“There was an urgency to his needs that didn’t account for my needs or what was going on in my life or my situation or my whereabouts. When he wanted sex, it was expected that I would be up and ready for it, because it was so nice of him to make time for it or something.”
She added that Butler “would make you feel so bad about it” if the request was not met and alleged that he would say,”You’re being cut off from contact if you don’t agree to sexual favours.”
Arcade Fire’s Win Butler performs in Madrid in September 2022. Credit: Mariano Regidor/Redferns
According to Sabina, her and Butler’s sexual relationship continued on and off until June 2018. Pitchfork reports having seen texts during this time that apparently show Butler repeatedly pressing her to live alone so they could have sex more easily.
The Pitchfork investigation goes onto detail further text messages and reports from Sabina accusing Butler of frequently pushing for sex and ignoring requests for a more emotional relationship.
Eventually, on August 30 that year, it is said that Sabina sent Butler a long message telling him that he was starting to make her feel like she was “not even a person.” After exchanging a number of messages, Sabina was reportedly sent two photos reviewed by Pitchfork, including one that appeared to show Butler “masturbating in graphic detail” while continuing to text throughout the night.
Sabina said she “burst into tears” after receiving the photographs, saying she “hadn’t asked for it at all” and added: “It just felt really, really disrespectful and scary and gross… It felt like that specific encounter was crossing a line that he shouldn’t have crossed and it was shocking. I really feel like he has more to apologise for. He never took accountability for that.”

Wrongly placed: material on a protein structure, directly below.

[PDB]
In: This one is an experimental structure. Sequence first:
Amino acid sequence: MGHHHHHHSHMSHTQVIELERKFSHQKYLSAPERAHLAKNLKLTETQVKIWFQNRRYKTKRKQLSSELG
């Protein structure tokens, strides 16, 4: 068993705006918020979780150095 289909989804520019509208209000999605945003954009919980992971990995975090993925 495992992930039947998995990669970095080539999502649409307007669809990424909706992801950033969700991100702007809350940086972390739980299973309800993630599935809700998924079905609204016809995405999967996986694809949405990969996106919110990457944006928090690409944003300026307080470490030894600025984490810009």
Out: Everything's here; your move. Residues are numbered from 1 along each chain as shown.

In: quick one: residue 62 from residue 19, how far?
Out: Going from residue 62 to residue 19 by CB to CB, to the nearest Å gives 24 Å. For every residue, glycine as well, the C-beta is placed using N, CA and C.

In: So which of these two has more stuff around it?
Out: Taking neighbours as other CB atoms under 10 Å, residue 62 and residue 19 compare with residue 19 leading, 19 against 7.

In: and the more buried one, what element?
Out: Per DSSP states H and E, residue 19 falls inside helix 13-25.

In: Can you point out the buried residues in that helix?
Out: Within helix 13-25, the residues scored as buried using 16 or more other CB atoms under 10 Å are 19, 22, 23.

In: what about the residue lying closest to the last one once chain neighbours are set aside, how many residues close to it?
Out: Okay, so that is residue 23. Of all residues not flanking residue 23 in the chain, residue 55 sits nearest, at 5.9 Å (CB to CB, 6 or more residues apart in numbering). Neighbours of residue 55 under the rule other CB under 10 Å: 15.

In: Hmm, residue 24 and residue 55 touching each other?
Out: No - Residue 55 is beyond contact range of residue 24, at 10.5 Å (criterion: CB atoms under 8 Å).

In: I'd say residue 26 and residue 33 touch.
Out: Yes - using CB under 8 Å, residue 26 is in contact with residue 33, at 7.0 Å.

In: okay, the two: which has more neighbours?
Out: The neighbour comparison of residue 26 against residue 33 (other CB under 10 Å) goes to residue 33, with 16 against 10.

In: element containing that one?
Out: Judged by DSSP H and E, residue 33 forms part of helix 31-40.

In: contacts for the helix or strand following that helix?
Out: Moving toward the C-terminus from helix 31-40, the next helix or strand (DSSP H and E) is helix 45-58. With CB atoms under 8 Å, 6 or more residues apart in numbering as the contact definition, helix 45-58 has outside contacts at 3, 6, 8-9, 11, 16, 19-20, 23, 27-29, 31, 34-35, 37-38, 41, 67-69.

Sabina said she and Butler saw each other a few more times in 2018, which she now regrets.
“The last time we had sex was because I finally lived alone,” she said. “I remember being like, ‘Well, I have to have sex with him, because he always wanted me to live alone and now I did it, so it seems like a waste not to do it.’ Which is so fucked up. That final time didn’t feel good and I didn’t feel any kind of connection to him. That was definitely the moment where I was over it.”
Sabina said she regretted not cutting things off with Butler after receiving the explicit photographs. “If you are in an emotionally abusive relationship it makes you feel better to tell yourself that this was all for something, that their outbursts were mistakes and that you meant something to the abuser, that you still hold value in their eyes,” she said.
“But the only value I ever held for him was performing sexual acts whenever he wanted.”
NME has reached out to representatives for Butler and Arcade Fire for a response to the allegations.
Representatives reportedly did not provide an on-the-record response to Pitchfork’s requests for comment on Sabina’s allegations prior to deadline for this story.
The previous allegations levelled against Butler earlier this year saw support act Feist drop out of their European shows.
For help, advice or more information regarding sexual harassment, assault and rape in the UK, visit the Rape Crisis charity website. In the US, visit RAINN.
For help and advice on mental health:
CALM – The Campaign Against Living Miserably
Help Musicians UK – Around the clock mental health support and advice for musicians (CALL MUSIC MINDS MATTER ON: 0808 802 8008)
Music Support Org – Help and support for musicians struggling with alcoholism, addiction, or mental health issues (CALL: 0800 030 6789)
YOUNG MINDS – The voice for young people’s health and wellbeing
Time To Change – Let’s end mental health discrimination
The Samaritans – Confidential support 24 hours a day